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Dealing With Difficult Learners: Part I

TeamOJT Tip of the Month for November, 2006

The Tips of the Month for November through February will be about difficult learners and how to deal with them. Each month will highlight one of the four types of difficult learners and illustrate how they might cause problems in learning situations. Although most learners are not difficult, you will occasionally run into a discouraged one or two who drive you crazy -- whether you are in a classroom environment, a one-on-one situation, or even online.

The most important thing to keep in mind as you work with difficult learners is to always go with their style. Don't fight the behavior that you don't like, because you will only intensify it. A good rule of thumb -- if you don't know what to do, do the unexpected.

The first type of difficult learner is the Avoider. The following is a description of some typical behavior you might expect from a trainee with this style followed by tips for dealing with Avoiders.


Typical Problem Behavior

The Avoiders are learners whose motto is, It is sweet to do nothing. Comfort is what gives them a feeling of belonging. People who are into comfort love all types of gadgets - anything that will make life easier. These discouraged learners believe two things - In the long run, nothing good will happen anyway, so I might as well take the easy way, and If I do what you expect, you will expect more and that will cause me stress. Stress is to be avoided at all costs. It will be difficult to get Avoiders to dobecause they don't want to take responsibility for their training or job performance. They pay the price of reduced productivity. They will say, You're the trainer -- and will look to you to do for them. You have to make them do. In training or coaching sessions, they might try to manipulate, charm, procrastinate and flatter you in order to avoid learning or doing. They will claim to be bored -- which really means they want you to entertain them. If the training involves task performance, look for them to try to extend the length of the training session and get you to do the task for them instead of doing it themselves.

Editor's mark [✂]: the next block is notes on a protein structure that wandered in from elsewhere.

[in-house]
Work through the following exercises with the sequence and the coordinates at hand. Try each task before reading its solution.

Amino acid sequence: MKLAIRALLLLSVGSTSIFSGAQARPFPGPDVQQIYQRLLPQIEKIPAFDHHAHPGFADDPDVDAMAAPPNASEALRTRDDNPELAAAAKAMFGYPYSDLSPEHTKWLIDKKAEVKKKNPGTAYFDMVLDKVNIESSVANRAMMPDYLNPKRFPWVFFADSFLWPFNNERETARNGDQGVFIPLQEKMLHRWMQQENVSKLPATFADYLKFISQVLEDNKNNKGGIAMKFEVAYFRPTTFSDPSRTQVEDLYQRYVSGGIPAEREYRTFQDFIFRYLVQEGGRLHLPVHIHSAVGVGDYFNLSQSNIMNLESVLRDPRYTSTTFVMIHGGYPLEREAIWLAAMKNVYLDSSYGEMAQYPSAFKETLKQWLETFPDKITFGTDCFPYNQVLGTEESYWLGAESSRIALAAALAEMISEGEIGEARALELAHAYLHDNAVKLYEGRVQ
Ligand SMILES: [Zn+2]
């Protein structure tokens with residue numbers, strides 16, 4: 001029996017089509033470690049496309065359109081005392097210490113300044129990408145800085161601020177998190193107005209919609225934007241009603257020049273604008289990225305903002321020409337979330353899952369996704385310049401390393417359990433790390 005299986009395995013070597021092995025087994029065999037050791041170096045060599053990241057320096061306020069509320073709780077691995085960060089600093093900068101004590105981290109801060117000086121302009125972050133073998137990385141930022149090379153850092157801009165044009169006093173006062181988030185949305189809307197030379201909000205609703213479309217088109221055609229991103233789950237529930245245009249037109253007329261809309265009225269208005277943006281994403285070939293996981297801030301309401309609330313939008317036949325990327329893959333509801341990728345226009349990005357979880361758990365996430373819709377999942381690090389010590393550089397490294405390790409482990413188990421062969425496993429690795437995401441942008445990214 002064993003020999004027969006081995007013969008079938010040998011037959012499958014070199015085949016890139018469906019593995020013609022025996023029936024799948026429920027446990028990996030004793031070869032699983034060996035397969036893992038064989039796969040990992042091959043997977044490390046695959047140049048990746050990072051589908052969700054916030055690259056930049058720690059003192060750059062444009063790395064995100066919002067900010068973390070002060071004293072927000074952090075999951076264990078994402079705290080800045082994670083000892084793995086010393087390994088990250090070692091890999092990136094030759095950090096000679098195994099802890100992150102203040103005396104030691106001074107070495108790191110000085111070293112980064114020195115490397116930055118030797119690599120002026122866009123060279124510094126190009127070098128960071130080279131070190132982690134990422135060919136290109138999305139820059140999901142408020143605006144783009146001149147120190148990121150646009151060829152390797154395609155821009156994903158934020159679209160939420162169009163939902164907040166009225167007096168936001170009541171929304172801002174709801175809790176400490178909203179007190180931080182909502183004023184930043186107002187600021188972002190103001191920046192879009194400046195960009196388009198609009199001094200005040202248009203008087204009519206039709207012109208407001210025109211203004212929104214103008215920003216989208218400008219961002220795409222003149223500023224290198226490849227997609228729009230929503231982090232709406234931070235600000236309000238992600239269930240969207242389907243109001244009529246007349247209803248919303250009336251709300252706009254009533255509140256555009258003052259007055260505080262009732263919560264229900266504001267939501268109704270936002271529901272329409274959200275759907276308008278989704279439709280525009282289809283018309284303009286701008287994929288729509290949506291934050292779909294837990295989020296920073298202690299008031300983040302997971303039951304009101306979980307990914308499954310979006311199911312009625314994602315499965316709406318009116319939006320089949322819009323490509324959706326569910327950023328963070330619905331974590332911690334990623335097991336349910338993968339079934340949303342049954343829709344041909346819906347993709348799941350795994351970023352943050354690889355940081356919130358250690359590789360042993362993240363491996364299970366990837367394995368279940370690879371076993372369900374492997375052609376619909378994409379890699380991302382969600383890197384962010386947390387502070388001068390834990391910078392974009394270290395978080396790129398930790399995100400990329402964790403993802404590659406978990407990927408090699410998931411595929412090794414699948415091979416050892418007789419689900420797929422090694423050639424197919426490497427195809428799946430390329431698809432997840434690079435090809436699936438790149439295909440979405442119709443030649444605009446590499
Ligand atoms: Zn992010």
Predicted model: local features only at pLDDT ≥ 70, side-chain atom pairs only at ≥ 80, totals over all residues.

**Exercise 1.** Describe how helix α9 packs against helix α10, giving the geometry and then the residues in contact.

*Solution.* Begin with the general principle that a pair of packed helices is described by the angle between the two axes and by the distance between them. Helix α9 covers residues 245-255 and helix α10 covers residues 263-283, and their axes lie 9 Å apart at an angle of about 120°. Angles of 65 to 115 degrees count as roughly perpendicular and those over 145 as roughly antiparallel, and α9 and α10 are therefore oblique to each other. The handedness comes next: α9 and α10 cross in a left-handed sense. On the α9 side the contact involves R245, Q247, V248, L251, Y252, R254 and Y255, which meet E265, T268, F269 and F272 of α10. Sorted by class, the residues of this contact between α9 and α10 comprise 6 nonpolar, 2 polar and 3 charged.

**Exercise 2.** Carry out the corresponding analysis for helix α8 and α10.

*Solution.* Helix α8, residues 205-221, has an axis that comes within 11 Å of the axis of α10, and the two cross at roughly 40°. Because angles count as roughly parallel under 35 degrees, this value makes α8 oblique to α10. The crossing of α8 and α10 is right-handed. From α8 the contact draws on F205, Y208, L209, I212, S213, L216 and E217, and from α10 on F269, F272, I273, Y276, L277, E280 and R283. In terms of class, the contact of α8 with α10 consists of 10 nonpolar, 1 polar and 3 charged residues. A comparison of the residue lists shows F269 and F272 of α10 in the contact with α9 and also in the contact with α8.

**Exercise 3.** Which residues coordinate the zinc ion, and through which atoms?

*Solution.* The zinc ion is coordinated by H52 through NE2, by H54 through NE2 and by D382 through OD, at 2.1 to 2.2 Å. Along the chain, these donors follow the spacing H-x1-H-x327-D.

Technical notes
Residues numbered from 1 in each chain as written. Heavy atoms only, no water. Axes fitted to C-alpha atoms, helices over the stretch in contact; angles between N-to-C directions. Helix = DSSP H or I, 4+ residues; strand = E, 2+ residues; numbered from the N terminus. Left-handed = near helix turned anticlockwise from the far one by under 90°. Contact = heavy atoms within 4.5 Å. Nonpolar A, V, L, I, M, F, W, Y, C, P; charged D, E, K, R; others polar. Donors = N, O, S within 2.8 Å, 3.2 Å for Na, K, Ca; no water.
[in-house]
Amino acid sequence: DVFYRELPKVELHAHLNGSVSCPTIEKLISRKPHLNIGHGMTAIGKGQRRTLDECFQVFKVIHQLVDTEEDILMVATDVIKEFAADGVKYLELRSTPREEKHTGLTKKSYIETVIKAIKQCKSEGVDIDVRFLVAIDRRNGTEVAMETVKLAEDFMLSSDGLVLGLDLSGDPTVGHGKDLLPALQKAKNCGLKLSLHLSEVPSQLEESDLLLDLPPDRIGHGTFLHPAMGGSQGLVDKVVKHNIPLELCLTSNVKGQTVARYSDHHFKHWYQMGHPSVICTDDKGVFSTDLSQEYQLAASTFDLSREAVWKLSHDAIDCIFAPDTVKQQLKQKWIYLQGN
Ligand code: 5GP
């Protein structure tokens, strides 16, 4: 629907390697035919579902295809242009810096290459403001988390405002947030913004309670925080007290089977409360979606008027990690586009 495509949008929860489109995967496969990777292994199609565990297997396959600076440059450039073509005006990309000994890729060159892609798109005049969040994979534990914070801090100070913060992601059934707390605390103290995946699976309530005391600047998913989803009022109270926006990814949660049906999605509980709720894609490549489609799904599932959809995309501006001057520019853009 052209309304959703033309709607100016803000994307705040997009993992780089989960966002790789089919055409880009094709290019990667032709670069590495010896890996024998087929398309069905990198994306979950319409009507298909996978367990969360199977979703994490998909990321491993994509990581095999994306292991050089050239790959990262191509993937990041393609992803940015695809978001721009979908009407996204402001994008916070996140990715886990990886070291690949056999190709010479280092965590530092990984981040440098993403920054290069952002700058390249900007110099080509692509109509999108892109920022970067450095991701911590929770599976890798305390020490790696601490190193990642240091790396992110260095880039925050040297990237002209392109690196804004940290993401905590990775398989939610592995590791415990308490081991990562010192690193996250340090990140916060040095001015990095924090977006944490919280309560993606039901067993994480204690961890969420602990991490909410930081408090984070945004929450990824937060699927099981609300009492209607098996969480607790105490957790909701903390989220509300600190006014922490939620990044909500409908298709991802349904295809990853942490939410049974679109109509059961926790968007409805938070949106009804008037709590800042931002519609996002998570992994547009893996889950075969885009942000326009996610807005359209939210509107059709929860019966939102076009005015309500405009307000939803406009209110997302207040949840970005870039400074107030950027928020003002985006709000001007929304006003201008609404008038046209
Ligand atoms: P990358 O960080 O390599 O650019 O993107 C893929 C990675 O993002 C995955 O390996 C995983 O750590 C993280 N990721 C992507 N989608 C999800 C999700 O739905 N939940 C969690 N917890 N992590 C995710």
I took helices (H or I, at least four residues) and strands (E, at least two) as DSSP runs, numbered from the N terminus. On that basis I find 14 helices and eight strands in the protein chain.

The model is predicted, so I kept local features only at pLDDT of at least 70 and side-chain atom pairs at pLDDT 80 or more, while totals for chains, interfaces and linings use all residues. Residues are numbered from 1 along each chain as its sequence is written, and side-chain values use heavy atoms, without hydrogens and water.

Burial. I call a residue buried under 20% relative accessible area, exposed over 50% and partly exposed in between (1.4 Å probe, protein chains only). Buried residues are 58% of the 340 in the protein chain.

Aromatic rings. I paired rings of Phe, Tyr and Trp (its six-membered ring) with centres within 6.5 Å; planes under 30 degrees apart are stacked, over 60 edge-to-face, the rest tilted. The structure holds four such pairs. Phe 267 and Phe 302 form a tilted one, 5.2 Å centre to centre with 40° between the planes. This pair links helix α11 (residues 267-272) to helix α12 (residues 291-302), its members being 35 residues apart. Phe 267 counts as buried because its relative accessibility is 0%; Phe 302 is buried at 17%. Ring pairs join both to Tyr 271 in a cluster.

Tips for Dealing With Avoiders

  1. Show acceptance by emphasizing a shared responsibility in the learning process, a relationship based on equality, and by assuring them that you will go at their pace.
  2. Empathize by showing you understand the strainthey're under.
  3. Express confidence in their ability to master the task. Let them know they can do it.
  4. Since their strengths include good social skills and excelling at putting people at ease, have them help other learners do things. And since Avoiders are good at taking the easiest course, encourage them to find easier, simpler ways to do something.
  5. Every time they do no matter how small, appreciate the effort. Never tell them they can or should do more.
  6. Align with their goal of comfort. Avoid further discouragement by not doing or saying anything that would stress them. Couch things in terms of how easy it will be (but only if it is easy) and give them plenty of time to accomplish tasks. Whatever you do, don't do anything for them. You may have to point out how they will benefit from doing.
  7. Set short-term learning goals. Long-term goals might cause stress. Make sure they agree with the goals, but don't push.
  8. Be patient when coaching; keep emphasizing that it may take time and there is no hurry.
  9. When giving feedback: 1) express appreciation for what they do; 2) avoid feedback which inspires dependence on you.
  10. During performance evaluations, emphasize things they've done. Appreciate progress. Give homework to get them to do.
  11. For self-evaluations, ask what progress they made; don't ask what they accomplished -- it might cause stress.
  12. For self-encouragement and to avoid discouraging yourself, do not succumb to flattery and charm, and do for them. Realize that you will feel impatient, like you want them to get on with it, but don't be frustrated by it.

For more detailed information, download my article, Modifying Motivation: Encouraging Difficult Learners.



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